Cast: Marco Leonardi (Salvatore “Toto” - older), Salvatore Cascio (Salvatore “Toto” - younger), Philippe Noiret (Alfredo), Agnese Nano (Elena), Leopoldo Trieste (Father Adelfio)

Director: Giuseppe Tornatore (various Italian films)

Plot: Without giving anything away, the film is about a boy who loves the movies and the projectionist who eventually becomes his father figure. Trust me though, it’s about way more than that.

Why you should watch it: This film, released in 1988, won the Best Foreign Film Award in 1989. It is subtitled, so if you don’t like foreign films with subtitles, then stop reading. Set in post-World War II Italy, the film centers on a young boy, Salvatore (called “Toto”) who is the son of a war widow. He has one thing going for him, and that’s his love of movies. He sees just about every film ever shown at his local theater, the Cinema Paradiso. He eventually befriends the theater’s projectionist, a man named Alfredo. Alfredo at first sees Toto as a minor pain in the ass, but eventually they grow closer, bonded by their love of film.

During the movie, Toto eventually becomes the cinema’s projectionist, when a fire causes Alfredo to lose his eyesight. This isn’t too far of a stretch, since Toto is the only one other than Alfredo who knows how to operate the projection machine. Alfredo often dispenses advice by quoting films they’ve both seen and enjoyed, and it doesn’t come off as corny or hackneyed at all.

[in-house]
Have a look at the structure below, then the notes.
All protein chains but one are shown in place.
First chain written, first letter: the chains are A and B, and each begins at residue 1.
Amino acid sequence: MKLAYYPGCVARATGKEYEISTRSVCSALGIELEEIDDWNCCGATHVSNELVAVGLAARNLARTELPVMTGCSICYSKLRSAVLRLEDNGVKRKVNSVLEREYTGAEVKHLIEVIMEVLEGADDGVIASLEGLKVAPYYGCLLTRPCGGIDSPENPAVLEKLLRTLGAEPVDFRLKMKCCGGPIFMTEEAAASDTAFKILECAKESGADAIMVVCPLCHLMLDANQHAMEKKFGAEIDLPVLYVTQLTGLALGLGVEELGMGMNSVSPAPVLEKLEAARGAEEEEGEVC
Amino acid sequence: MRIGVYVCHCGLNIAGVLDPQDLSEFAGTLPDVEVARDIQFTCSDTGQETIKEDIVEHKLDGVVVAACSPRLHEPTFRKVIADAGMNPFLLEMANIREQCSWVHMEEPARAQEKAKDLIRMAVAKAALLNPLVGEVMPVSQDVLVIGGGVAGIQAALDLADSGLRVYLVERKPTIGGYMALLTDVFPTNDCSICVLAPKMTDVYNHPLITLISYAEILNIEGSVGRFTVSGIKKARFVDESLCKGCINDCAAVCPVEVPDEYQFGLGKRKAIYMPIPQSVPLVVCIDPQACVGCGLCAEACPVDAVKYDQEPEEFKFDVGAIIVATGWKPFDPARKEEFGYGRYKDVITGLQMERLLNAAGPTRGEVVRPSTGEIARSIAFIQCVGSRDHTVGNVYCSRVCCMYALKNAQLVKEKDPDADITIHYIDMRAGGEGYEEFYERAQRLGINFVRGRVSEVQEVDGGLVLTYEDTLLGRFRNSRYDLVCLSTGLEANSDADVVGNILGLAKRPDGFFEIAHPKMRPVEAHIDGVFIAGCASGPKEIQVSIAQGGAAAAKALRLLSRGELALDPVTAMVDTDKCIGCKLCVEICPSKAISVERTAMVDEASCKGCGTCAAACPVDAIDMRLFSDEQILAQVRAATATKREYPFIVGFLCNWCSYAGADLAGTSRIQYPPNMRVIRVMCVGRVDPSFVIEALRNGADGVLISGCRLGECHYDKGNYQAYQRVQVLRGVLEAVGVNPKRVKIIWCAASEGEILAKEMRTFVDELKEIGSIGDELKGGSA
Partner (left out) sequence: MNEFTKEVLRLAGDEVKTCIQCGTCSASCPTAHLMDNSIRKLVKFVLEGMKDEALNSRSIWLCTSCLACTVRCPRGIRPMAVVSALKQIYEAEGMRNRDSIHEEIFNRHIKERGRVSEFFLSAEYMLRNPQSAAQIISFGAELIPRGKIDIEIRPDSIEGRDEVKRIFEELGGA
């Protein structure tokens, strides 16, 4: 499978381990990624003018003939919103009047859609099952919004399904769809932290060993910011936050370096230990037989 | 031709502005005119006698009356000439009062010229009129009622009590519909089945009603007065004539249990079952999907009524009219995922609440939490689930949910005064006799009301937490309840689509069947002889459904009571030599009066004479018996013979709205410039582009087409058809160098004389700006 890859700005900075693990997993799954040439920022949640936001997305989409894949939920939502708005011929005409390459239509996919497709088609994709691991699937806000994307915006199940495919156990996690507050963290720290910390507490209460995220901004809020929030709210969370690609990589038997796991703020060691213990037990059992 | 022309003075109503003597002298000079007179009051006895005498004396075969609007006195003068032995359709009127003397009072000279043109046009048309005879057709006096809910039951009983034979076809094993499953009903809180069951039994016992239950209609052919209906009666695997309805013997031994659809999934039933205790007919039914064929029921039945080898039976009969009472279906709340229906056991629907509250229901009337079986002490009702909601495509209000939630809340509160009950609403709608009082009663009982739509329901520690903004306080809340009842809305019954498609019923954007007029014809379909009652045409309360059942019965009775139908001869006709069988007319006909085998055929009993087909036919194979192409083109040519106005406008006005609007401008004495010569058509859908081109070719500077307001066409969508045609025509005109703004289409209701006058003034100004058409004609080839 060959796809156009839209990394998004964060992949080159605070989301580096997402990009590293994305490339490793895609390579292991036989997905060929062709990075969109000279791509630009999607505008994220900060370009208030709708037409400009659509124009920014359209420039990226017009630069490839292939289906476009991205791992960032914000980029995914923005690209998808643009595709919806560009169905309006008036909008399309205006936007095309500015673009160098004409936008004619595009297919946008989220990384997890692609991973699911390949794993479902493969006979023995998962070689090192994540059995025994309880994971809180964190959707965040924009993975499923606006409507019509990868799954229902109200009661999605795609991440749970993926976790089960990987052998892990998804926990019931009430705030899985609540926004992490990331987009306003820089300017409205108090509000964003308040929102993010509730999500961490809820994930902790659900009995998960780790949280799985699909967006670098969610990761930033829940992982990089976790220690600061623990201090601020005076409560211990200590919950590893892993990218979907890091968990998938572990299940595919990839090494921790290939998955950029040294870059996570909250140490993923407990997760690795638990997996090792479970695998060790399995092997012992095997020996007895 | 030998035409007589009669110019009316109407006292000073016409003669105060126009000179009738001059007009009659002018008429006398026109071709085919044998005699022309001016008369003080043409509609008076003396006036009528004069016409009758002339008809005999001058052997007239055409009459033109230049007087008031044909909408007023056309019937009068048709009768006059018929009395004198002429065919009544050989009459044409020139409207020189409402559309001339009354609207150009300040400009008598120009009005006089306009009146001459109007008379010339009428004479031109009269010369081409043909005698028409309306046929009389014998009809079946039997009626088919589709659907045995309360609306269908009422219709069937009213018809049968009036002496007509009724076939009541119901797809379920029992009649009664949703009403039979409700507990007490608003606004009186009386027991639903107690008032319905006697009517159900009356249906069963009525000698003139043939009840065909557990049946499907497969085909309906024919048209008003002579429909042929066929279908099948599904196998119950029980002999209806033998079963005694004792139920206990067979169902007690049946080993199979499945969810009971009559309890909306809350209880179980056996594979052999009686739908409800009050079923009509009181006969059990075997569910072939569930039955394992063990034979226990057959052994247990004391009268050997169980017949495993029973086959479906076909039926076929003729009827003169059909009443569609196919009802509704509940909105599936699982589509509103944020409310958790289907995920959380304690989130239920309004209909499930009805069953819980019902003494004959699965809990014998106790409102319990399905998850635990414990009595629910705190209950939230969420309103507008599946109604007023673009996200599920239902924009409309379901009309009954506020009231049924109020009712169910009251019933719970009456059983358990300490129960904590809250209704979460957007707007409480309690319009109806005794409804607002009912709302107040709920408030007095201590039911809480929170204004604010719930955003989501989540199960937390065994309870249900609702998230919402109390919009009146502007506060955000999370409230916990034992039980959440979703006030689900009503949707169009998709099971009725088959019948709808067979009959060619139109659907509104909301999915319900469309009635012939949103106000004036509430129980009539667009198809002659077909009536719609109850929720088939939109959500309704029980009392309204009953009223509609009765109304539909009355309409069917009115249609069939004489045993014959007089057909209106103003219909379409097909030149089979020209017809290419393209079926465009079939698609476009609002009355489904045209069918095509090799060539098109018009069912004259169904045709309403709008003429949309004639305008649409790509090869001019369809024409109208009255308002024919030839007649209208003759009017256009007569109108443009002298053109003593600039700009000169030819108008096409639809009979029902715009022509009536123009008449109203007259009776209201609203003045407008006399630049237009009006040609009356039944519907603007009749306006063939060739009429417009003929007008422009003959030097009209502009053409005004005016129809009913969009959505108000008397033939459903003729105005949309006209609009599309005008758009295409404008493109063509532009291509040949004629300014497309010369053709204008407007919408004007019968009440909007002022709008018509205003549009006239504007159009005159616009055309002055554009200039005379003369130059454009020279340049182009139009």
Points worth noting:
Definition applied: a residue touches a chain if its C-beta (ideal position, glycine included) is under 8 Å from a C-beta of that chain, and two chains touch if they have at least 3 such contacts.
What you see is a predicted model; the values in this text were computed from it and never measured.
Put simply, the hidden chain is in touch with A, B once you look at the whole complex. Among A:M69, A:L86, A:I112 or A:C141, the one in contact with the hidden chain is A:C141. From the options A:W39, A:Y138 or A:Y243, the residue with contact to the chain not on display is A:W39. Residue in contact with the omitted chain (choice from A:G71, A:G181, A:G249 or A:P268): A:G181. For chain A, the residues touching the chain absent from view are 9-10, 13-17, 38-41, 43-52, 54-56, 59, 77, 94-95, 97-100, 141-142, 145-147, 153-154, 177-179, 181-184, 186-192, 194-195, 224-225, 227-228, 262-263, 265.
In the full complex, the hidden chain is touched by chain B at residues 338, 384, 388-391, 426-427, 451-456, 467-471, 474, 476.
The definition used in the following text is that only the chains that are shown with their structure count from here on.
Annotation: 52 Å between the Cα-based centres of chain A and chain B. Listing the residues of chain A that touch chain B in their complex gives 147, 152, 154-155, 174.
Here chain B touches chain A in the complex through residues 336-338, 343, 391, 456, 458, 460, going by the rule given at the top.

It’s Alfredo who encourages a teenaged Toto to leave their small town Giancaldo, Sicily in order to grow in life and to see everything that he’s ever wanted to see from movies. While still in Giancaldo, Toto meets and falls in love with Elena, the daughter of a wealthy banker. As is the case with class differences, the poor Toto is not good enough for Elena in her father’s eyes. I won’t tell you how their relationship shakes out.

On a personal note, I love this movie because it reminds me of a great time in my life. I was debating transferring to film school after my sophomore year at college. I had been taking many Writing for Film & Television classes, and I always had a desire to get into film making. One class I took was “Italian Cinema.” We met as a class once a week, in a huge lecture hall, and we watched one Italian film a week, and wrote a review/synopsis of it to be graded. I saw La Strada, The Bicycle Thief, La Dolce Vita, 8 1/2, and Cinema Paradiso. I saw Paradiso last, and now I know why the professor chose to screen it last. The film is an unabashed love story to cinema. While the trailer doesn’t really do much to encourage viewing, I can’t recommend this film highly enough.


Go watch it. It’s streaming on Netflix. Let me know what you think.